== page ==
Our Scuttle the Shuttle series continues with a fortuitous offering from Asif Siddiqi, whose wide-ranging, thoughtful historiographic essay in the most recent Technology and Culture speaks to a debate we’ve already witnessed on this blog: can and should historians write histories of space exploration that do not privilege national narratives or boundaries (here, and in the comments)?
It’s fascinating to see historians of science innovating in the growing field of transnational history (especially in justifying such an approach in thinking about the last century and a half, where the great and growing power of the nation-state encourages nation-bound histories). This essay provides a fine example of such historiographical innovations.
The question remains, though: how would this advice give us a new way of thinking about the decision to scuttle the shuttle?
I include a few highlights from Siddiqi’s piece in the extended entry.
Both the United States and the Soviet Union, then, the two earliest spacefaring nations, produced narratives on space exploration that were deeply grounded in domestic cultural discourses that simultaneously couched their achievements as if they had universal import. This dichotomy runs through most of the historiography on both the Soviet and American space programs. The grand narratives of each nation—frequently utopian in nature—rely on the assumption that each is the normative history of space exploration.
Drawing on the historiographical problems posed by writing the history of space exploration in India, Siddiqi argues for a postcolonial approach to space history:
This new postcolonial vision of space exploration is as much part of the fabric of space history as the more well-known American and Soviet models grounded in the cold war. These multiple perspectives on space travel suggest that our view of the long history of spaceflight may benefit from a standpoint that no longer privileges borders—demarcations that create rigid analytical categories such as ownership, indigeneity, and proliferation. The Indian space program was at the intersection of multiple flows of knowledge from a variety of sources, including, of course, local expertise. Likewise, the history of spaceflight has been part of a consistent flow of knowledge and technology across (geographical) space and time—among Germans, Soviets, Americans, British, French, Chinese, Japanese, Indians, Israelis, Brazilians, and so on. By rethinking the relationship between modernity and the postcolonial state, postcolonial thought challenges us to rethink the connection between modernity and spaceflight, and, ultimately, to replace the “national” with the “global” when thinking of space exploration, an exercise that has become doubly important as dozens of developing countries in Asia, Africa, and the Middle East are now spending money on space exploration.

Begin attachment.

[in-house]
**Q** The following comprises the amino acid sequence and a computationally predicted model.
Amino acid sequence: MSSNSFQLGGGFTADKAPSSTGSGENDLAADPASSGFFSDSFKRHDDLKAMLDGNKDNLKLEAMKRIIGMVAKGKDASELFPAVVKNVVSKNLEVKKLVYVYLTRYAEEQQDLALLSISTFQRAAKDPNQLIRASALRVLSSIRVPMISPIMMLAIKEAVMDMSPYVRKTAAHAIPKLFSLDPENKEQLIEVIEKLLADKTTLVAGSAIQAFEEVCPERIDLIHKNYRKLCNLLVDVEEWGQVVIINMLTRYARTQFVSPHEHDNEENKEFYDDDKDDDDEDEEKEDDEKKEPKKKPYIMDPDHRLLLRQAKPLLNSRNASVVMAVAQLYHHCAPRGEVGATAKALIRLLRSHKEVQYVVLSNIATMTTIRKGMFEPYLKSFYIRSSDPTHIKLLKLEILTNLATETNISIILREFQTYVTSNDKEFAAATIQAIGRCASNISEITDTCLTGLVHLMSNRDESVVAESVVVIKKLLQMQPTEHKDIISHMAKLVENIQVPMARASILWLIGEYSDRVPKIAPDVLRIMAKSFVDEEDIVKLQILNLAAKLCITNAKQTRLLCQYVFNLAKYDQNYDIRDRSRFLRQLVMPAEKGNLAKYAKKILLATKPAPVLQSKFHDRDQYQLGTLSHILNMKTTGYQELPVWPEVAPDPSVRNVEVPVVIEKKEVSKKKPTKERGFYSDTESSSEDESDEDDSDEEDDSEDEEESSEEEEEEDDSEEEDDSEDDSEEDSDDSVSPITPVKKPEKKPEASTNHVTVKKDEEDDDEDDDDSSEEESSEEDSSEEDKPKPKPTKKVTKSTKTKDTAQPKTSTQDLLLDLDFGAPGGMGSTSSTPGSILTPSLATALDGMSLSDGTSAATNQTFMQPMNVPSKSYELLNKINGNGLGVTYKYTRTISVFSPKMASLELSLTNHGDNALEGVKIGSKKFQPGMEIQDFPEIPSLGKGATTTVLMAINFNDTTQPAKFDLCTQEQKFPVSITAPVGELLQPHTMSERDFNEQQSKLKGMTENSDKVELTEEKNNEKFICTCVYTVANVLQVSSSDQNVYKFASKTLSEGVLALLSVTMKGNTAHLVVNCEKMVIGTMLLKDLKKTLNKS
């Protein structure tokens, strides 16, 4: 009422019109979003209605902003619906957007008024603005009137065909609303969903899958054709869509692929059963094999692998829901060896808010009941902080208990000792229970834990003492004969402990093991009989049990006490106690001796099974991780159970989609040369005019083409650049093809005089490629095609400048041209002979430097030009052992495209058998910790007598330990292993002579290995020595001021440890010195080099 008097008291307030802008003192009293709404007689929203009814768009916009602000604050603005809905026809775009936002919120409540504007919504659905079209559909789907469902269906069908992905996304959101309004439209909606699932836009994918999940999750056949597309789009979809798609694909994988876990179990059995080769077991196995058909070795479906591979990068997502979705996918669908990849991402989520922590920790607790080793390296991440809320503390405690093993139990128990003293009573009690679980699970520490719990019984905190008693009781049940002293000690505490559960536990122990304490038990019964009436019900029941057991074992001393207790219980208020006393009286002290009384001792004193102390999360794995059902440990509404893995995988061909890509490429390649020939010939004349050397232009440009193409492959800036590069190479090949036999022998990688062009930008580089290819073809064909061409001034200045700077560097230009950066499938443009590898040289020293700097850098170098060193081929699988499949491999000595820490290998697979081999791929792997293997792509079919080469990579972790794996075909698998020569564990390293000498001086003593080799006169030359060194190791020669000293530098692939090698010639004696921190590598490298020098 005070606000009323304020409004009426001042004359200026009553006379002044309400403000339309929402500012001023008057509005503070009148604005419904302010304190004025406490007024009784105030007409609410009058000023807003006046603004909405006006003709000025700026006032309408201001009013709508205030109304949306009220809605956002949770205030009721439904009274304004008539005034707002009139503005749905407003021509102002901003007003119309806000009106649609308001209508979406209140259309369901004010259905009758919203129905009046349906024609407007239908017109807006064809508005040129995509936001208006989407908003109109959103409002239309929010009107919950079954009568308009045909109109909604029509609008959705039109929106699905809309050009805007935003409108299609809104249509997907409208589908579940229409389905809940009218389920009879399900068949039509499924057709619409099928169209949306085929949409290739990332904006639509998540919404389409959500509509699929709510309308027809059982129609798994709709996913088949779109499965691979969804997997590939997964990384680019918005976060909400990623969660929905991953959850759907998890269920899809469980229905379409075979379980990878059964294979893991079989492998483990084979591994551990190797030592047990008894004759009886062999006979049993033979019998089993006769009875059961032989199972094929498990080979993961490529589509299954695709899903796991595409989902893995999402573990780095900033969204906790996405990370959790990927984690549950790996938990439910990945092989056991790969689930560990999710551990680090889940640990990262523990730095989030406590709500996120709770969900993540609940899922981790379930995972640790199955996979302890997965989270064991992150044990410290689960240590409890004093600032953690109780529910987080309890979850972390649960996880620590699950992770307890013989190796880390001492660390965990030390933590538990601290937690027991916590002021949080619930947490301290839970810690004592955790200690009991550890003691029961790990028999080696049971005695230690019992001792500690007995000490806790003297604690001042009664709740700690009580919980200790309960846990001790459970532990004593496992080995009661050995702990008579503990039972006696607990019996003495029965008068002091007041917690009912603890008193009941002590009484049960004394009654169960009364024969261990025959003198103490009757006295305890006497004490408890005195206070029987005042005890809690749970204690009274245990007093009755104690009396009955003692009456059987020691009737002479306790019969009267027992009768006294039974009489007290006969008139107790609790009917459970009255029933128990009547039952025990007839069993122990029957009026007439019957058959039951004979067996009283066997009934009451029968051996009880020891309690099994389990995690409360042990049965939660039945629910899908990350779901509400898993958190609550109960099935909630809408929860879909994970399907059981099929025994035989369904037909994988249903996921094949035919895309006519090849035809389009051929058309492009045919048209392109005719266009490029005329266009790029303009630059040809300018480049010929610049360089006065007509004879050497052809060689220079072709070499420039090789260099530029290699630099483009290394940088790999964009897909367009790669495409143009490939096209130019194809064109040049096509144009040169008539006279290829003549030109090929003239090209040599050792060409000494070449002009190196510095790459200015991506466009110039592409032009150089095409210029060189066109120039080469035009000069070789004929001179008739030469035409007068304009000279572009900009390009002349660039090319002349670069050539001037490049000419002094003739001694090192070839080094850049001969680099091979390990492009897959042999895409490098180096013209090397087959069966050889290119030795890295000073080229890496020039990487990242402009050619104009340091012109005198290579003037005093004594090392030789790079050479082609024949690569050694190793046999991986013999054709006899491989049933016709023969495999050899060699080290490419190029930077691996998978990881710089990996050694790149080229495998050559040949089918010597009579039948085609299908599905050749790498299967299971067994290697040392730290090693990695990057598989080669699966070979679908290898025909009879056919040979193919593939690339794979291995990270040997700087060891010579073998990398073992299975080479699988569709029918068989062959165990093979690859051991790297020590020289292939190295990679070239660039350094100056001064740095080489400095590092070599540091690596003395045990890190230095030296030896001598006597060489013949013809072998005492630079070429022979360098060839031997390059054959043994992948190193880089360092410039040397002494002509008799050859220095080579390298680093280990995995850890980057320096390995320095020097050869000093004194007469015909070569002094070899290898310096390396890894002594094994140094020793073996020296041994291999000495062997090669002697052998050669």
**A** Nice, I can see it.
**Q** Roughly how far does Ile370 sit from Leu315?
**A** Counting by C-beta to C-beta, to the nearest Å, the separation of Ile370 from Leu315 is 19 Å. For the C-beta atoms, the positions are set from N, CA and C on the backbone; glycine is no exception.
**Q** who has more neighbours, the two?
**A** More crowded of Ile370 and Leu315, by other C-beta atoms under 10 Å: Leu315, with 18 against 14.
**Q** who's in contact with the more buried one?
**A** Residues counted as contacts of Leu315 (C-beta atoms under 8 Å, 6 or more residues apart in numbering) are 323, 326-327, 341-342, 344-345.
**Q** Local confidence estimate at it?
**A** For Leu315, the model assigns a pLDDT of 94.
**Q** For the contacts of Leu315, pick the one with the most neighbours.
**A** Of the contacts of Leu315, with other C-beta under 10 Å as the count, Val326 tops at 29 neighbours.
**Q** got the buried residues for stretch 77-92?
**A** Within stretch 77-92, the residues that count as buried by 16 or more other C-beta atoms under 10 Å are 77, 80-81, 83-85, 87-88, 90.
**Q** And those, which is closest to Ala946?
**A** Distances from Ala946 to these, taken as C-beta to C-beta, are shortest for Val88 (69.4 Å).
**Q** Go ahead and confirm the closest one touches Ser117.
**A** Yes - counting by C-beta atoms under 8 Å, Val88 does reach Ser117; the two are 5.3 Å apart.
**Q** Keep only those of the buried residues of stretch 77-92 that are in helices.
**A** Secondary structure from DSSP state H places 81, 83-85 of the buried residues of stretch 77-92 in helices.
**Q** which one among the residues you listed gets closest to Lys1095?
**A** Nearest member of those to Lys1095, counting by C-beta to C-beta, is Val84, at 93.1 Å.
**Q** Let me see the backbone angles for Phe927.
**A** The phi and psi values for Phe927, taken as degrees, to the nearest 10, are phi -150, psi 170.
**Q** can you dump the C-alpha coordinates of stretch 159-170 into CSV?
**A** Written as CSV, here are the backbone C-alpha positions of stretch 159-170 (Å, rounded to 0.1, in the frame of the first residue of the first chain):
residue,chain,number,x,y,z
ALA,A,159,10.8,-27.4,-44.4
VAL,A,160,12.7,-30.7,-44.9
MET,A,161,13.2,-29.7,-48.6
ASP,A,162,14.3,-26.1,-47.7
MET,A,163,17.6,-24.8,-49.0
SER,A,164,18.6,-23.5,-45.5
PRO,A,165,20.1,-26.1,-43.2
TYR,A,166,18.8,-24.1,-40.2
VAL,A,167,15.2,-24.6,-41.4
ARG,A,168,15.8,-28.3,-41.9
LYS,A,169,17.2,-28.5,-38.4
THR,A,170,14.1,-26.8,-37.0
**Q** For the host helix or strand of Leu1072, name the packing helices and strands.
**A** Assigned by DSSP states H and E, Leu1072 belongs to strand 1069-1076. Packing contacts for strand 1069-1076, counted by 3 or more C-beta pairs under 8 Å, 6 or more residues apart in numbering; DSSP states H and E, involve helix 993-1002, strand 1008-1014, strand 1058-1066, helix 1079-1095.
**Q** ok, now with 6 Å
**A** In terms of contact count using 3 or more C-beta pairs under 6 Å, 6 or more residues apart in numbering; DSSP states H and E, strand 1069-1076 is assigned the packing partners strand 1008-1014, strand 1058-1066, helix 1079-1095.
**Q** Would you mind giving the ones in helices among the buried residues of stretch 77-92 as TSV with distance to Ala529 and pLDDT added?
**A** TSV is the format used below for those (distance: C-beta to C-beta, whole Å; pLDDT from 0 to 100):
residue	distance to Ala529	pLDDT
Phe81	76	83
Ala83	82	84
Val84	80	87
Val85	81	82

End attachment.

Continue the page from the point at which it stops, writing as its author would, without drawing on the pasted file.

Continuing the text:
Heading off critics who will rightly point out how crucial nations have been and still are to these histories, Siddiqi makes his case for maintaining national narratives, but only alongside a host of other equally important considerations:
I am not suggesting that we should ignore nations, national identity, or vital indigenous innovation. But I believe that nation-centered approaches, useful and instructive as they were, occlude from view important phenomena in the history of space exploration. My hope is that by deemphasizing ownership and national borders, the invisible connections and transitions of technology transfer and knowledge production will be become clear in an abundantly new way. Such an approach would inform a project encompassing the entire history of modern rocketry and space exploration, from the late nineteenth century to the present, focusing on Europe, America, Russia, and Asia.